FFA is focus of teacher of the month
It's been said many times that teachers are busy people. If they aren't grading previous assignments, they're fine tuning lessons for the next day, week or month.
But to simply say Kristy Taylor busy is an understatement.
In the case of Eudora High School agricultural sciences teacher Taylor, who was selected as the Eudora Chamber of Commerce's Teacher of the Month for January, the second-year teacher also has jump-started Eudora High School's National Future Farmer's of America Organization. When asked what she does in her spare time, Taylor questions whether such a thing even exists for her.
"What do I do, other than school," she said. "I'm usually so busy because I'll have students studying for contests, and I'm constantly planning things. FFA is huge part of everything."
Likewise, Eudora High School Assistant Principal and the Eudora-De Soto Technical Education Center Director Ron Abel realizes the amount of work the 25-year-old 2006 graduate of Kansas State University is doing on top of what is expected of her.
"She's doing an excellent job," Abel said. "She's got a lot of energy, and she devotes a lot of time to both the preparation that she does for class and extra time that she's willing to give to kids outside of the school contract time. She's to be commended for that."
Taylor was overjoyed with the award.
"I couldn't believe it. I was shocked," she said. "With my personality, I was jumping off the roof. I was really excited."
Taylor, who grew up in the southern Missouri town of Miller, was inspired to teach by her agricultural sciences teacher in high school.
"I had decided before I even left high school that this is what I wanted to do," she said.
And though she didn't grow up on a farm, her participation in FFA coupled with the awards and travel that came along with it engendered a love of agricultural sciences.
"That's what I tell the kids now, because some of them think that you have to have a farming background," Taylor said. "They'll say to me, 'well, I'm not a farmer.' And I'll say to them, 'Do you think I am?'"
However, she did make sure that she got some experience within the agricultural industry while in college.
"I worked at a dairy farm and I worked at a grain farm to get some experience because I think that it's important to have a clue of what's going on," Taylor said.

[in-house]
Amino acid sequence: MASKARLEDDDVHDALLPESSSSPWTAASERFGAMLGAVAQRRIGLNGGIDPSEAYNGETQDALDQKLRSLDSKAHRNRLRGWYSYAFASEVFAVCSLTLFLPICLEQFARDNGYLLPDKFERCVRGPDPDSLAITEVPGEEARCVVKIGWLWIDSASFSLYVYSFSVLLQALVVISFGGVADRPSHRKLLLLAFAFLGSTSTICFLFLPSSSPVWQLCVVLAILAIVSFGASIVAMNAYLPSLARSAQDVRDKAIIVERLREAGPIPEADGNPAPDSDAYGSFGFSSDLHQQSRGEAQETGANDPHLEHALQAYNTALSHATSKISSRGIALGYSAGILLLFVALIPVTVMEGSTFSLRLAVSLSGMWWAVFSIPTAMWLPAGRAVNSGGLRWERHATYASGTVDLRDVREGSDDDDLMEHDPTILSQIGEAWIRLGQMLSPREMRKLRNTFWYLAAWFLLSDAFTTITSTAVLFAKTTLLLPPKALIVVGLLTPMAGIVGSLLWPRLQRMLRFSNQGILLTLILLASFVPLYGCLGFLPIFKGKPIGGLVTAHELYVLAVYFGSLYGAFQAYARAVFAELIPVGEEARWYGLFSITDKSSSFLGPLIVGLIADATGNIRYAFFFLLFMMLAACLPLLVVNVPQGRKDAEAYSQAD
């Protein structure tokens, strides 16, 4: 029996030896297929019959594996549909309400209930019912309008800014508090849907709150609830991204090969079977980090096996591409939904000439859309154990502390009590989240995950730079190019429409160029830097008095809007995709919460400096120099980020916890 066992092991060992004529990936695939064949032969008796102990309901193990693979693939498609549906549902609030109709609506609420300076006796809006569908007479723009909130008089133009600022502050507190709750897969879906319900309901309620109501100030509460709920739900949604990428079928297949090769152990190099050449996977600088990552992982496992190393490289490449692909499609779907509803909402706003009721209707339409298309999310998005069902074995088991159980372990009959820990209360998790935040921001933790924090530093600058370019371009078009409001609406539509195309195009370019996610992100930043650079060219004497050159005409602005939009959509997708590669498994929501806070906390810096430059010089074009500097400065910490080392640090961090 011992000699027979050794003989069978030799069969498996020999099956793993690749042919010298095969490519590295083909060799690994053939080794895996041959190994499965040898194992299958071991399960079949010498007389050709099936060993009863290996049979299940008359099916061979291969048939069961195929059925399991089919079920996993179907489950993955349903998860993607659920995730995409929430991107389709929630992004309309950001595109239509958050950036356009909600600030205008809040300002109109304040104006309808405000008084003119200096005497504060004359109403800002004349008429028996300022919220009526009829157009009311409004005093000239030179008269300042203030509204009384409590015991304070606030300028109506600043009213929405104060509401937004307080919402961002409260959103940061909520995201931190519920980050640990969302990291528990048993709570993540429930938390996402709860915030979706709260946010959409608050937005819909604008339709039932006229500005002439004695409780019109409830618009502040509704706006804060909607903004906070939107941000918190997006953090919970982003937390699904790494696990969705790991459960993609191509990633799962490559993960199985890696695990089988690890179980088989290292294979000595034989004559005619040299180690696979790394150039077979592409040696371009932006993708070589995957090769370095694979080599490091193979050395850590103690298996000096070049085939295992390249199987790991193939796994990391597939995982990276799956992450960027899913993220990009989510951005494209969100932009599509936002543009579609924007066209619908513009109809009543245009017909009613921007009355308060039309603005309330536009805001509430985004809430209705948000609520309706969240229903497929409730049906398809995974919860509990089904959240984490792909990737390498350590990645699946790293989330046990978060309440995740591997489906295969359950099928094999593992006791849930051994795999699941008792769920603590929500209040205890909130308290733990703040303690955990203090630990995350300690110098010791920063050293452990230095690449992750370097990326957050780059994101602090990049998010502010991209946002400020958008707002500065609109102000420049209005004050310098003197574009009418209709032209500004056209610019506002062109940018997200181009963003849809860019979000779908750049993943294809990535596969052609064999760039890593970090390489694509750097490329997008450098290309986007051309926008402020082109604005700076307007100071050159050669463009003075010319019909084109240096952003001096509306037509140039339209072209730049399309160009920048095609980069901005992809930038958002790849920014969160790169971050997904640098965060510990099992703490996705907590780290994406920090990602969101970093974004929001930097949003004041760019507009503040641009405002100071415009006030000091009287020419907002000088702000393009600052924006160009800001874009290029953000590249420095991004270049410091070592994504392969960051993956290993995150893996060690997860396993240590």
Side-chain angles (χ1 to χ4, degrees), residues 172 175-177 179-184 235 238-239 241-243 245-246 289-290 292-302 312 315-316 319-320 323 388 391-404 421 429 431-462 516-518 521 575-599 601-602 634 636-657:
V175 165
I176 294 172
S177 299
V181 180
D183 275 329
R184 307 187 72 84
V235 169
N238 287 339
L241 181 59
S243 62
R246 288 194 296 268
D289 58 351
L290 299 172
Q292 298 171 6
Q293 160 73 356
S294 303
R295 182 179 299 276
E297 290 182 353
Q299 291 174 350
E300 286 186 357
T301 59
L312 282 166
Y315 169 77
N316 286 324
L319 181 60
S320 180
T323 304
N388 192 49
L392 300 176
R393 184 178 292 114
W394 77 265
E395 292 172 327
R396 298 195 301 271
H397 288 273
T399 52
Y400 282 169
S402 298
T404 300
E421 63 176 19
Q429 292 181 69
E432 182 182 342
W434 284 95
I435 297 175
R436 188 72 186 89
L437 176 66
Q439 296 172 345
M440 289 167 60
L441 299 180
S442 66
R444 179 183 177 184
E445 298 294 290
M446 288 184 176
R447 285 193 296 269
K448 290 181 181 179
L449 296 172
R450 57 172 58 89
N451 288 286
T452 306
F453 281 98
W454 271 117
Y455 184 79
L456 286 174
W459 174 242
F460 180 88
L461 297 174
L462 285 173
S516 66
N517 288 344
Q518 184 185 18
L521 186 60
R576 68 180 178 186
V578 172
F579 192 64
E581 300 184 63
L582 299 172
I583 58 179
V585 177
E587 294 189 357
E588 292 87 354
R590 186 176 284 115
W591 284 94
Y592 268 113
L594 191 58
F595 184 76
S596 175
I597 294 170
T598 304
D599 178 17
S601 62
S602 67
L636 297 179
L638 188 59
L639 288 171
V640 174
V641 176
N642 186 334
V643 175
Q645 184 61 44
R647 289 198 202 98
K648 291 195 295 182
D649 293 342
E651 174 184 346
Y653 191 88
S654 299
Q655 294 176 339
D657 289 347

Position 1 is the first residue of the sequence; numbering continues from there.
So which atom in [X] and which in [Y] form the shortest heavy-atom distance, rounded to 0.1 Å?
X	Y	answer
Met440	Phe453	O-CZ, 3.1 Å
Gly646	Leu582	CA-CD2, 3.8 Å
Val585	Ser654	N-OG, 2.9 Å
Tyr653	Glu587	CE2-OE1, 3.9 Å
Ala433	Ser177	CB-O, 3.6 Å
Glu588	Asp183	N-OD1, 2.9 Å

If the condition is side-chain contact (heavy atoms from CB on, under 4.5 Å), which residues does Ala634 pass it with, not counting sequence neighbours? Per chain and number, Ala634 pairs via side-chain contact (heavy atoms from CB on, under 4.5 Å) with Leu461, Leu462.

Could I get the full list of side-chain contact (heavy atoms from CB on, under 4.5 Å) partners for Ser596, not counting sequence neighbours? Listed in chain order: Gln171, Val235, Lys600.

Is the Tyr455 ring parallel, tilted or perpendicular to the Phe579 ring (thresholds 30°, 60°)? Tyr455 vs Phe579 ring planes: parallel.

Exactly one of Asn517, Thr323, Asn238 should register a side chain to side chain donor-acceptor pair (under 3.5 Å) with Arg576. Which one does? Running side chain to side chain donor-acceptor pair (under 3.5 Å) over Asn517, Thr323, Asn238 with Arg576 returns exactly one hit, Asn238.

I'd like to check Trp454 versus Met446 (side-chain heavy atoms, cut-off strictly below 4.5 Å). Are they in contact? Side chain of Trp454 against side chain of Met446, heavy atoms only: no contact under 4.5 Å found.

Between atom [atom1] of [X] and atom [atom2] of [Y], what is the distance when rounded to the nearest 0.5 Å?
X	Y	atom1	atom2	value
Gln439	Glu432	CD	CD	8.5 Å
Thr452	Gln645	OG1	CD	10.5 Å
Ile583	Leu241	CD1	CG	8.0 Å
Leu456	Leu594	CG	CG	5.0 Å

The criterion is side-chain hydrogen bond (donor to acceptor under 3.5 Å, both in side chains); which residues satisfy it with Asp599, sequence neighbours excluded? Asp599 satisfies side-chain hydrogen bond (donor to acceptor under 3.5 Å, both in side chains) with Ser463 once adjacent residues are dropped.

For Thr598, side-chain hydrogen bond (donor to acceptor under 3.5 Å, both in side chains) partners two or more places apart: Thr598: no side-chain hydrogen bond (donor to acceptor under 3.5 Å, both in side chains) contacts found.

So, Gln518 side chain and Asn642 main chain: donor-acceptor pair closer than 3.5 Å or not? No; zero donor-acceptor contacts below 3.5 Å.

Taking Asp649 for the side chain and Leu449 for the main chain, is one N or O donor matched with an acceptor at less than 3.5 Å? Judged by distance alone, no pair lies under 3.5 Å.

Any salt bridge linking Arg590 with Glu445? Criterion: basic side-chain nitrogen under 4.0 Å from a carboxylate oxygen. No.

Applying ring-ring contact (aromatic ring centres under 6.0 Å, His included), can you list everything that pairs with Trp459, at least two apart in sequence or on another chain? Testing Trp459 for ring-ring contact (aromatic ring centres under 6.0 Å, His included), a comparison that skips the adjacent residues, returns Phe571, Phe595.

Despite the mentions of dairy and grains, Taylor covers far more than just farms and farming.
She taught animal science last year. This year, she is teaching plant sciences and natural resources in mornings at the De Soto campus and introduction to agricultural science classes at Eudora.
"The introduction class is probably my favorite because we do get to hit on a lot of targets," Taylor said. "We do anything from parliamentary procedure to animal science, plant science, food science, dairy cattle and horticulture.
"It's very diversified. One of my biggest pet peeves is that people think this class is about farming and that's so far from the truth. We talk about it, but that's because they (the students) have to understand that's where it starts.
Taylor said she also teaches dissection, DNA extractions and focuses on other elements of biotechnology.
She looks forward to the completion of the new technology center that is part of the $45 million school bond if for no other reason than she'll be able to keep all of her supplies and student products in one place, rather than work out of two campuses.
"That's the way it is, and I don't complain about it because there's nothing I can do, but I see the light at the end of the tunnel," she said.
She currently is in the process of putting together plans to design a greenhouse, as the agricultural sciences program may transition to a horticulture program.
Taylor is proficient in the classroom and keeps her students engaged by having them work on several projects at once. But she puts just as much work into FFA activities.
She helps guide her students through FFA contests covering varied subjects such as meats, soil content, landscaping, floriculture, entomology, poultry and livestock.
Abel said the FFA program was absent for a few years leading up to Taylor's hiring as a result of a shortage of agricultural science teachers.
But in just under two years, participation in the organization has more than doubled, growing from 13 to 30 students since Taylor started.
"It's really hard for me to start small because I'm from such a booming FFA program so I want to do so much," she said.
Abel also is pleased with her work to get the program up and running.
"She's got greater enrollment than we had before," he said. "It's a lot of hard work and it takes a lot of outside class time, but she's willing to do that. Any support that we can give her, we're more than happy to give."
After attending a conference a few weeks ago with other agricultural science teachers, she heard some horror stories that made her even more thankful than she already was for the support that Abel and the rest of the school district allow her.
Another part of her support system is her boyfriend, Andrew Fishburn, who also is a substitute teacher and takes Taylor's class whenever she is gone.
"Thank goodness he's so great," she said. "He's helped me out so much. I don't know if I could've been this sane with out him helping me out."
Taylor now is looking forward to FFA week, which will be Feb. 19 through 22 throughout the Eudora School District.